What to do? Luckily I had a few pieces of solid 12x12 scrapbook paper left over that were supposed to be returned home months ago and never quite made it. I'm pretty sure I squealed when I found a red piece and a navy blue piece. I started with narrower rows and columns, and they wove together so much easier than the foam. "Yes," I thought, "this is what kindergarteners do. This is why kindergarteners do not use craft foam."

Board done. Now to put it on the green craft foam so that it looked field-like. But UGH, red and blue checker on green foam? My poor eyes! Not something I wanted to look at. White border, yes please. I quickly cropped together an image I found of the Red Sox and Yankees names, in their respective fonts, and put them on the board to create dugouts. Put it in the frame, and the board is done!


But this project had a mind of its own, and it kept growing. Next I wanted to write Julia and Dave's full, newly degreed, names on to the box I would present it to them in, in their teams fonts. And koozies were on sale at Michael's, so clearly those were necessary too.

I began the quest for Yankees and Red Sox fonts. Now, if you Google "Red Sox Font", the first thing that comes up is a link to BoSox on Fontspace. Simple, easy, fabulous. I was psyched. The Yankees font? Less simple. After hours upon hours of searching, I was no closer to the script font the Yankees use. My sister suggested that I post on the WeddingBee message boards, since she has had luck there with font searching in the past. Tricksy sister. She reads the message boards religiously. I was too close; there was no way I was risking her finding out about this project now.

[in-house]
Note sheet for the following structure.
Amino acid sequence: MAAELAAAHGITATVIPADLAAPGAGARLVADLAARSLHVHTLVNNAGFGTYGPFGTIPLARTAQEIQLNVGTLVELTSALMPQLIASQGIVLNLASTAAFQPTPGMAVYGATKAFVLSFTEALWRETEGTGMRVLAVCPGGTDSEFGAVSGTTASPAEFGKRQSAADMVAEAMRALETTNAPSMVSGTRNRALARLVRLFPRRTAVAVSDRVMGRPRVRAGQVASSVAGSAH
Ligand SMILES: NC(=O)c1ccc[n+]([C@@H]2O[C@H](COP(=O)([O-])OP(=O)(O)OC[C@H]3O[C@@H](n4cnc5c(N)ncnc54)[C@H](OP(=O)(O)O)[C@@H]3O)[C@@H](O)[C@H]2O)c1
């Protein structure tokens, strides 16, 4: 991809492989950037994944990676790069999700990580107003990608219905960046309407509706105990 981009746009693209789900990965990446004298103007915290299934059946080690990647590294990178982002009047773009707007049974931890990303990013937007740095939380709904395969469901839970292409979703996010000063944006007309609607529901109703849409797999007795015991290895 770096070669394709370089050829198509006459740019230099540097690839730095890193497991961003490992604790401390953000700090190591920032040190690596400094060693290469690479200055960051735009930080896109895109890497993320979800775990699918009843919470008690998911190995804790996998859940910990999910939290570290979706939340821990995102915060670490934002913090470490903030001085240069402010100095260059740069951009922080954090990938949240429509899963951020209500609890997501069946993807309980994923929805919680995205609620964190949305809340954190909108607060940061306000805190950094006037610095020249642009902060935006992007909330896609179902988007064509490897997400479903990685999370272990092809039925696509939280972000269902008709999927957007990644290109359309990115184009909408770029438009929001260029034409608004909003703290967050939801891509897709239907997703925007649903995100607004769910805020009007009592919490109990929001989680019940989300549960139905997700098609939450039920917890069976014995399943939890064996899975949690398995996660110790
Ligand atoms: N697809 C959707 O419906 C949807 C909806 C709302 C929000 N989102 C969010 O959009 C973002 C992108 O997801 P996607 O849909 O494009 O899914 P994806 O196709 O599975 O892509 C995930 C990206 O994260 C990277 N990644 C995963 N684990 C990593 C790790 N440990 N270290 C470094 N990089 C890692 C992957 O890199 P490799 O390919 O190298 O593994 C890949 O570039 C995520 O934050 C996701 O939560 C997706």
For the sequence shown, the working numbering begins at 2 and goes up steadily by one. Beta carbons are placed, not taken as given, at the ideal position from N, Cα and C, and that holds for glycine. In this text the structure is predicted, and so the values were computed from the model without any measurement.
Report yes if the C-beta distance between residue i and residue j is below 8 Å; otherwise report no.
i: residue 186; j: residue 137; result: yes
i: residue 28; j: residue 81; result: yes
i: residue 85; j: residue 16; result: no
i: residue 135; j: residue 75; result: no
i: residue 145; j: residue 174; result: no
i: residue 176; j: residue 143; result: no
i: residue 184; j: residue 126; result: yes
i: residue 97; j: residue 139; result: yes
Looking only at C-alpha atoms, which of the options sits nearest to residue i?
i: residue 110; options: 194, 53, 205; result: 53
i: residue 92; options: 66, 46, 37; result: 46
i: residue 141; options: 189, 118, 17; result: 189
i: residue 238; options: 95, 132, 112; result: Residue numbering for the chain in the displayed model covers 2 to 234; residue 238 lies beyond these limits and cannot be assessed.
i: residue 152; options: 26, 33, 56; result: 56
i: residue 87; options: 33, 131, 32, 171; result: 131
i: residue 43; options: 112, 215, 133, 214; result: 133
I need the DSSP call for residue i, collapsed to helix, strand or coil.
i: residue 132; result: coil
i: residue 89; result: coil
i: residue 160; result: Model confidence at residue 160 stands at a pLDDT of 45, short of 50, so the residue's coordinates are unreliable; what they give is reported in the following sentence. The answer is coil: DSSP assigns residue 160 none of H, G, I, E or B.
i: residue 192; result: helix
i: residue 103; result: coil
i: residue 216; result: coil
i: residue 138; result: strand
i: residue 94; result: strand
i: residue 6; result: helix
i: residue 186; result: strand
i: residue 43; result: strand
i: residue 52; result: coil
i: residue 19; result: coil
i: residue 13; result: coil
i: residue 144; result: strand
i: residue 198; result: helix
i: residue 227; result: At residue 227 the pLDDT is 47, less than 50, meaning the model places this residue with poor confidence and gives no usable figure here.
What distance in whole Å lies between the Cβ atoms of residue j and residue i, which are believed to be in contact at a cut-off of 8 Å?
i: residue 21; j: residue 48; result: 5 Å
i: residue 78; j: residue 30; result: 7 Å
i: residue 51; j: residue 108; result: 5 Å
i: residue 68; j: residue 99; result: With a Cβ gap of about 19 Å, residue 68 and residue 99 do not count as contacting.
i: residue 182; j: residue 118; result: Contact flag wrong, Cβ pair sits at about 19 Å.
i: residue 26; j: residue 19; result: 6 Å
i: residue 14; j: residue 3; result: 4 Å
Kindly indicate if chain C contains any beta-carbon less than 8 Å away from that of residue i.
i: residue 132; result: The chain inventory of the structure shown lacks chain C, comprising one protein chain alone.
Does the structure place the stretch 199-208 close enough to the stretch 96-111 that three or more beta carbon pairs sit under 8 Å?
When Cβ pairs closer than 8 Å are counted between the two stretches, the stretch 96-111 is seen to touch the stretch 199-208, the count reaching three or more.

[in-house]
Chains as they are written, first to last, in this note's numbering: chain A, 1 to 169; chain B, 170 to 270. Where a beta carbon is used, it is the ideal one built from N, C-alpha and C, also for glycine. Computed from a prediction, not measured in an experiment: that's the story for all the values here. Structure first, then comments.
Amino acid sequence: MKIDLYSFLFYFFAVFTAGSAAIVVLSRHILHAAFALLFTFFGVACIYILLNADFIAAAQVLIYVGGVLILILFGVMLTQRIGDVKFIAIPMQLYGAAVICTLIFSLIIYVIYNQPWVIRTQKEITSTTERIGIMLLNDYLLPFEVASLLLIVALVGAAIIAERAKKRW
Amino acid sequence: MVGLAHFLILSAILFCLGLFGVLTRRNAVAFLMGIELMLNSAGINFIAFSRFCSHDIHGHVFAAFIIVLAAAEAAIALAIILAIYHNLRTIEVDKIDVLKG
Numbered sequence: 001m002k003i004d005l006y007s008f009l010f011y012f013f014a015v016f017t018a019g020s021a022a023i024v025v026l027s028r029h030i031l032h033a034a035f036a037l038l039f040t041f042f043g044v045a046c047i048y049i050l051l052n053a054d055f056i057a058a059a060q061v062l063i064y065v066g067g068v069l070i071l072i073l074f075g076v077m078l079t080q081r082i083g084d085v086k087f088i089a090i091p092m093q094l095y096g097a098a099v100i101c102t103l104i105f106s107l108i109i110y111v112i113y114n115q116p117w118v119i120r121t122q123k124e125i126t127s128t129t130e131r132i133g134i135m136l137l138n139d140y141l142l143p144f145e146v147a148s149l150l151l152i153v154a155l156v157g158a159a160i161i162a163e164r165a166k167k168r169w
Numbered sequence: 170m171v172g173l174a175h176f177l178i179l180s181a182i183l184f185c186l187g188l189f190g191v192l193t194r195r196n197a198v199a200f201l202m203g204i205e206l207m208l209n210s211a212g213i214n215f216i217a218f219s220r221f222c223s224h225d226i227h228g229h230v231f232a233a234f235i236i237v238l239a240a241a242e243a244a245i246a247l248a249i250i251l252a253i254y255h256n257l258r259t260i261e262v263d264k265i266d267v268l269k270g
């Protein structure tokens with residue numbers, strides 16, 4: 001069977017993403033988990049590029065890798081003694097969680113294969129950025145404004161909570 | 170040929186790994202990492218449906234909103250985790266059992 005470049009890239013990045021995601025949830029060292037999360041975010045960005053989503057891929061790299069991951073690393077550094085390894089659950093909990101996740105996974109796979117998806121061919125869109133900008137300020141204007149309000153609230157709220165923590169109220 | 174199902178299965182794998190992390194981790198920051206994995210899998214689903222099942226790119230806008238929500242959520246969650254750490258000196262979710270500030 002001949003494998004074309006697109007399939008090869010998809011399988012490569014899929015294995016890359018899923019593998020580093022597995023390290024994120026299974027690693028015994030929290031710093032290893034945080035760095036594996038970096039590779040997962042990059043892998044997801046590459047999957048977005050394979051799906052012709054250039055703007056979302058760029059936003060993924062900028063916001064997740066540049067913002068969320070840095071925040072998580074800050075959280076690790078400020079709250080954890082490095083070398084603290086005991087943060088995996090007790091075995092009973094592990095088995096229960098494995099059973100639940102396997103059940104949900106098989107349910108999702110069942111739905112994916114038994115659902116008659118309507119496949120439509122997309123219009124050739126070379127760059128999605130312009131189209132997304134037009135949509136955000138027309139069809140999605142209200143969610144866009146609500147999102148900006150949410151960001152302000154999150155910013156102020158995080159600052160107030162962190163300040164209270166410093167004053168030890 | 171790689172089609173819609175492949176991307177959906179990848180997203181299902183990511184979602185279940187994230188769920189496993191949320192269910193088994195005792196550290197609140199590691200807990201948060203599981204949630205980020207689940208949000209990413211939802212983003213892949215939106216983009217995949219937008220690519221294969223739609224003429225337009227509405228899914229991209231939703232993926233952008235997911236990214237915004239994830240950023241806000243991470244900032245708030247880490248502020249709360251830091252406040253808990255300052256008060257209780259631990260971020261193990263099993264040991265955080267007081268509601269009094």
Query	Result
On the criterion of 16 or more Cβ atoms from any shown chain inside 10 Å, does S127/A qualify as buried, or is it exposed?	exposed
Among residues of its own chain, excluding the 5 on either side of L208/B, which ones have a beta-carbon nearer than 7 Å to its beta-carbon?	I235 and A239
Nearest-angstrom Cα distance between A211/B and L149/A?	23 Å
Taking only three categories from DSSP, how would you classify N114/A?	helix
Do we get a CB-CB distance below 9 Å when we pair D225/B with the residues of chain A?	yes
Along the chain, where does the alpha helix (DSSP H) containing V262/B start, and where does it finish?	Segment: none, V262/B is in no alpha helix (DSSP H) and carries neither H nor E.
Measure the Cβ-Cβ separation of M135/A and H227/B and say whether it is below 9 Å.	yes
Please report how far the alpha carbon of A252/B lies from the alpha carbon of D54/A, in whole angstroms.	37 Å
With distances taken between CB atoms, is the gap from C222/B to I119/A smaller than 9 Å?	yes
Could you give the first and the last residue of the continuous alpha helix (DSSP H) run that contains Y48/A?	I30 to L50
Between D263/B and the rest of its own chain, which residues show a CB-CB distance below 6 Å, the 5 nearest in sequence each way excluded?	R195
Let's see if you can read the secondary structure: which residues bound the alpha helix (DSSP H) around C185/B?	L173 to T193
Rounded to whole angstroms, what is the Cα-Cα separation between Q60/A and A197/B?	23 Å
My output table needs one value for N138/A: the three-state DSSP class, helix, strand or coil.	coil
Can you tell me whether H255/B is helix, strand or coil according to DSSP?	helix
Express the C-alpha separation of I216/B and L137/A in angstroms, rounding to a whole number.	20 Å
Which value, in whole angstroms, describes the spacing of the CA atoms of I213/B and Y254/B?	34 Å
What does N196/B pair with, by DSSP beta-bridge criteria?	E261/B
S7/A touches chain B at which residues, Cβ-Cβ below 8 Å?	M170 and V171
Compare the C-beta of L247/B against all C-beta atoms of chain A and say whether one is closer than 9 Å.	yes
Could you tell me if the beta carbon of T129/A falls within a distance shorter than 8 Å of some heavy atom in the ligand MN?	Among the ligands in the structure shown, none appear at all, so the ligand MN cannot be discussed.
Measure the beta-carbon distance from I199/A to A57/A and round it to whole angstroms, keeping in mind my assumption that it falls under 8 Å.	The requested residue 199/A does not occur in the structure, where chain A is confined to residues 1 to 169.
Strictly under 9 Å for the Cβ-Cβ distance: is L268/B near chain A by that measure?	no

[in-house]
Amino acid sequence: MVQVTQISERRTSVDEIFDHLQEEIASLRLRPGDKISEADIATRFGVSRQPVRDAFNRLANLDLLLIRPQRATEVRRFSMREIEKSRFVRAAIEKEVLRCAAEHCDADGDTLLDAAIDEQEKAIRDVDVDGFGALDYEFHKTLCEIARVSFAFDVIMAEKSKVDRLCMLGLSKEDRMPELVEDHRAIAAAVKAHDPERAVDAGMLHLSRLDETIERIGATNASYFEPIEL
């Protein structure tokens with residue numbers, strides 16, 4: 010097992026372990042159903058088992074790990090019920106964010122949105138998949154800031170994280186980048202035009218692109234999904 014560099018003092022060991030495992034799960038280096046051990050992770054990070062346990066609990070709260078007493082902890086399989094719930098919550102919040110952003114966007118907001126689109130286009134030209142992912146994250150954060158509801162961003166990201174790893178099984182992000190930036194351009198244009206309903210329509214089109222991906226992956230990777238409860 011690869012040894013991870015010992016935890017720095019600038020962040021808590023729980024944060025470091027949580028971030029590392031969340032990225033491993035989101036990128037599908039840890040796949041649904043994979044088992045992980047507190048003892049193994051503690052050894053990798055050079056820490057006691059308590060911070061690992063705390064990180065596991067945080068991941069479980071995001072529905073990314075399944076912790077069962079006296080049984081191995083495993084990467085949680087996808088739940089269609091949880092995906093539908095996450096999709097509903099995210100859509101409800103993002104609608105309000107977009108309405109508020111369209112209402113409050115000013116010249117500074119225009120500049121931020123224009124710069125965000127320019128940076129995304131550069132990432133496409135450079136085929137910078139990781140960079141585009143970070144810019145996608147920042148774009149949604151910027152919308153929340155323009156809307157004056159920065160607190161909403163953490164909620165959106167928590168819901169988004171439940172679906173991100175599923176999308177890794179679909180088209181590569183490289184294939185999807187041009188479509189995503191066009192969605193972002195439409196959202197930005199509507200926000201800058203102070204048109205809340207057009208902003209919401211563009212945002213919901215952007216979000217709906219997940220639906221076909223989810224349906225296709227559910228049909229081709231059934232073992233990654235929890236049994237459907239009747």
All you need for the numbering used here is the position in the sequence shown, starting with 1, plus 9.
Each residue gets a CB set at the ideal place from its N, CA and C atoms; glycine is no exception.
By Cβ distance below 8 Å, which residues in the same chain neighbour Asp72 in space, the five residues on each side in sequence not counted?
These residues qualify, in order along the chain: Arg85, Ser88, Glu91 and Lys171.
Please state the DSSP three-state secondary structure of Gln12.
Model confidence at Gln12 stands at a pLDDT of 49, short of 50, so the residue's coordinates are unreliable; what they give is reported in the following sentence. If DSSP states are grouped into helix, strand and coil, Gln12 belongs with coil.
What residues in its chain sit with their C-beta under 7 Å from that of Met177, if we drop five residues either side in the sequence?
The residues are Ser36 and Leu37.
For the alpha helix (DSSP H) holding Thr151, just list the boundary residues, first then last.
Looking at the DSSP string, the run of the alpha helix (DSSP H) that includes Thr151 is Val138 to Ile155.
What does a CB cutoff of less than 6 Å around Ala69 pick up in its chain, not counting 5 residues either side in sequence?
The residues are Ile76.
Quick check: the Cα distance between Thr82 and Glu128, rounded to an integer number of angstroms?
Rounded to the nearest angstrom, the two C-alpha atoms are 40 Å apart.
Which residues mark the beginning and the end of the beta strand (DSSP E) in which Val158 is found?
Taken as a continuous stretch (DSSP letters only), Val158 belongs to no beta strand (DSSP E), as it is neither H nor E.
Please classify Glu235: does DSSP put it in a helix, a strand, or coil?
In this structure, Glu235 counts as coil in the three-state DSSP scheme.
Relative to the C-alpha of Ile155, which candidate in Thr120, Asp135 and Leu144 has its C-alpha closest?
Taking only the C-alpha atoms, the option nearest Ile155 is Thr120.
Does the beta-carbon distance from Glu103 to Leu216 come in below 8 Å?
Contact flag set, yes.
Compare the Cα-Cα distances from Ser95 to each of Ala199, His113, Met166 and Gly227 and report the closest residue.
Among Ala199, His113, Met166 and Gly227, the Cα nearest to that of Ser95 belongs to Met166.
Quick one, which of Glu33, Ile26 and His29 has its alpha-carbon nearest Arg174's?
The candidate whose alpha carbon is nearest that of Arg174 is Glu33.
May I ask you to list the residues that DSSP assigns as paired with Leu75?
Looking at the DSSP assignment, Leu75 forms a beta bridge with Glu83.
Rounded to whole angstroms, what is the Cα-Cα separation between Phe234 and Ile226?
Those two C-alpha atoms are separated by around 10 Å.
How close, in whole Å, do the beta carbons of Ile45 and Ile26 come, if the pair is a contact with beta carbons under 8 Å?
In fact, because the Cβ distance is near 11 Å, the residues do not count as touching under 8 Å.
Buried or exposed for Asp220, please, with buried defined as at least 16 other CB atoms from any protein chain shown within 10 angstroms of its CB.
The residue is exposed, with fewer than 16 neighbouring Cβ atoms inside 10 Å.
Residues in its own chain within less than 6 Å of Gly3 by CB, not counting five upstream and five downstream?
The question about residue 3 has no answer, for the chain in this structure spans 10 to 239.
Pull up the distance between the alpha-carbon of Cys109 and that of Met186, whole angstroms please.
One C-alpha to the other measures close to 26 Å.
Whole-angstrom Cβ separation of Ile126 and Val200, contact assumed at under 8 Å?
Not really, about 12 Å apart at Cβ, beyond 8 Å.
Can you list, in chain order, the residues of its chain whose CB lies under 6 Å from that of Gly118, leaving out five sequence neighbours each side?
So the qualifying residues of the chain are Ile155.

It was late. I had to leave for Atlanta fairly soon. I decided that juxtaposed with the Red Sox font, any simple script in navy blue would look like a Yankees font. Snell Roundhand it is. I slapped it on the card for Dave, and added some scraps left over from the paper I used for the checkerboard.

All tucked away in its box and ready for the trip

Julia's Koozie

Dave's Koozie

The most expensive part of this project was the plastic storage containers I used to keep the pieces safe on their journey to Atlanta. I used little art storage bins from Joann's, and stuffed each square with a folded tissue and a tiny square of wax paper to cushion and protect the piece. I had an extra logo for each team from printing out the dugout names, so I glued that on each box top. Unfortunately, the pictures of those came out kind of dark and awkward, so you'll just have to imagine them!